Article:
It's like the nerds took over the tech sector, but the jocks we hated in high school have taken over the government.
It's obscene. It's us against them or them against us, and it's nothing for the betterment of the country. It's just petty bullshit arguing. It has nothing to do with the people of this country–it's a corporate sponsor thing.

Any advice for photographers (or artists in general) that are just getting started?
I think the truer the vision of the originator, the better it becomes. Photography is a hard thing to do. I wasn't trying to get into the scene and become a photographer–I became a photographer because I was there, talking and working.I did the Circle Jerks Group Sex cover because I shot photos that they liked at The Whiskey, and they wanted to use them on their album. Then they asked me to do their album cover and, once I did the Group Sex cover, like half the other bands wanted me to do theirs and it went on from there. 
I've never advertised, I don't solicit work, my phone number is unpublished, and I've been working for thirty-three years. One thing I might say about photography: if you're shooting live band photos, either shoot one great picture of the artist or get the entire band in the picture because three out of four bandmates are just a waste of time. In so many pictures, the singer is shot with the guitar player. It's like, where's the drummer? They don't have a drummer in that band?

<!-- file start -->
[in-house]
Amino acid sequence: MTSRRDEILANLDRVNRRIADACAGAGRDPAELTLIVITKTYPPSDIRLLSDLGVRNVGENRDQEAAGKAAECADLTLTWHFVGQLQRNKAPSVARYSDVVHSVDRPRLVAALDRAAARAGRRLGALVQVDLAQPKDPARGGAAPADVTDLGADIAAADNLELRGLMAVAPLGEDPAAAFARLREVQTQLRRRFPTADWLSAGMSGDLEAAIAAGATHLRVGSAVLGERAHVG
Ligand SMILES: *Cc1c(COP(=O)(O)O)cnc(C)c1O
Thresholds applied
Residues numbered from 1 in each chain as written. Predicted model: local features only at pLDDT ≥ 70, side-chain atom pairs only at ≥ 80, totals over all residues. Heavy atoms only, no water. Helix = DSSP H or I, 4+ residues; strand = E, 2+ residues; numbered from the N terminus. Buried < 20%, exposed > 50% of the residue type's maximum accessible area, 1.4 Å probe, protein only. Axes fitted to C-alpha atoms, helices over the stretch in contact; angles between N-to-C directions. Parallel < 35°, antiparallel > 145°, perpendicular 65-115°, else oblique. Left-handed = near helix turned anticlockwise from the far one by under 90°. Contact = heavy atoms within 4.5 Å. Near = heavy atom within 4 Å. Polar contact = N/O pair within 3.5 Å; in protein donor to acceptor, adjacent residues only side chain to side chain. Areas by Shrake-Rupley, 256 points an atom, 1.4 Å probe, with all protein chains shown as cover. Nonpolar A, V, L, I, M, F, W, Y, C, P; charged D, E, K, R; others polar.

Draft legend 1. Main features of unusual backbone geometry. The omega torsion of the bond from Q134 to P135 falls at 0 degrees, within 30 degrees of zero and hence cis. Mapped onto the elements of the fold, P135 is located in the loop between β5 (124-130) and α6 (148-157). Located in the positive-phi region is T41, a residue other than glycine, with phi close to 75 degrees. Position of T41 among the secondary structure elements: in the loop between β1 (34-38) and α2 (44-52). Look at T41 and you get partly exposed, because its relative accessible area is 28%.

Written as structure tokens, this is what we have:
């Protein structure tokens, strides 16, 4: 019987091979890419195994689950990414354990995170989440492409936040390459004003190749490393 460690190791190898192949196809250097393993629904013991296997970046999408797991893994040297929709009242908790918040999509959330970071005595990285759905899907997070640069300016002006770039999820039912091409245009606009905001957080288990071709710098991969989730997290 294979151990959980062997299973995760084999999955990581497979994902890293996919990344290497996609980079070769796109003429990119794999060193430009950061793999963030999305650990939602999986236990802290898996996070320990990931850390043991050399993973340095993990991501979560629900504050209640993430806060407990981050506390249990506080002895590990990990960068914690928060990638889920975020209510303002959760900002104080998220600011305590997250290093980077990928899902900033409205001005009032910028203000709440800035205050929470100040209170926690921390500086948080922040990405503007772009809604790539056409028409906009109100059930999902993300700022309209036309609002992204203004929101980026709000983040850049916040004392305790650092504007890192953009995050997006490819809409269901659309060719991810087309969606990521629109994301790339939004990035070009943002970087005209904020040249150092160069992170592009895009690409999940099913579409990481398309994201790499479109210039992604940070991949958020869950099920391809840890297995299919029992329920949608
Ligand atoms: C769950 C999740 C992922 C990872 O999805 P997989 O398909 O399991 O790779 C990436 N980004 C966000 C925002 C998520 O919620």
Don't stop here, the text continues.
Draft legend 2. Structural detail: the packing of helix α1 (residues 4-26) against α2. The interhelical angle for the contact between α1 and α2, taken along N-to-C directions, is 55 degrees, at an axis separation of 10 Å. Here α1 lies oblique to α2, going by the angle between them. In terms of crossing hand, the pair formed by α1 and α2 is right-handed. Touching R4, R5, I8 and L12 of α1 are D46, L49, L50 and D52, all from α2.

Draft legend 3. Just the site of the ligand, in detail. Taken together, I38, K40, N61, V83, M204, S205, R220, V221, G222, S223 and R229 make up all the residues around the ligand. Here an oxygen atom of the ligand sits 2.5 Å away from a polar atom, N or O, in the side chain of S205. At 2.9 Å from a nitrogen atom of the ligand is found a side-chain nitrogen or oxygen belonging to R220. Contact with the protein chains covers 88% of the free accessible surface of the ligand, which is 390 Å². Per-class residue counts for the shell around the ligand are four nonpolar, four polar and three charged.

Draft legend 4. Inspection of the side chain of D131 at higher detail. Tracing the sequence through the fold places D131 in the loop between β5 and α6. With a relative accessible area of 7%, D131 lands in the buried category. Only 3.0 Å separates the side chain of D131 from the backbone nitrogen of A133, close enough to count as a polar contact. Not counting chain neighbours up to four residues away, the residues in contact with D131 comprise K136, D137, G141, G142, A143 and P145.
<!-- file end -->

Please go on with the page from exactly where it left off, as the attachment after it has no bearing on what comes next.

If you look at my photos, even way back, they have the entire band in them. 
I like to take flattering pictures of people, too. I would actually shoot to the rhythm of the music, and that's how I would catch people when they jump–I was paying attention to the beat. When I was photographing singers on stage, I would try to shoot while they were holding a note, so that it wasn't just random shot and they looked great. 
People always focus on singers, which is understandable, but the fact that bands become like Jim Morrison and the Doors is such an outrageous travesty. They became The Doors because they were The Doors! They may have had a good frontman, but they were all playing the music and backing him up. 

Any final words you want to impart to people?

Uh, I don't know.

That's as good a final word as any.

“The Eye of the LA Punk Scene”
 at the Hibbleton Gallery, 223 W. Santa Fe Ave., Fullerton, (714) 441-1504; Open Fri.-Sun., 1-5 p.m. Through Jan. 2. Free.
Assorted T-shirts, limited edition serigraphs, archival fiber-based exhibition prints and digital printed signed posters are available at Edward Colver's website,
Buy a copy of Colver's book, Blight at the End of the Funnel, from his website and he'll autograph it for you.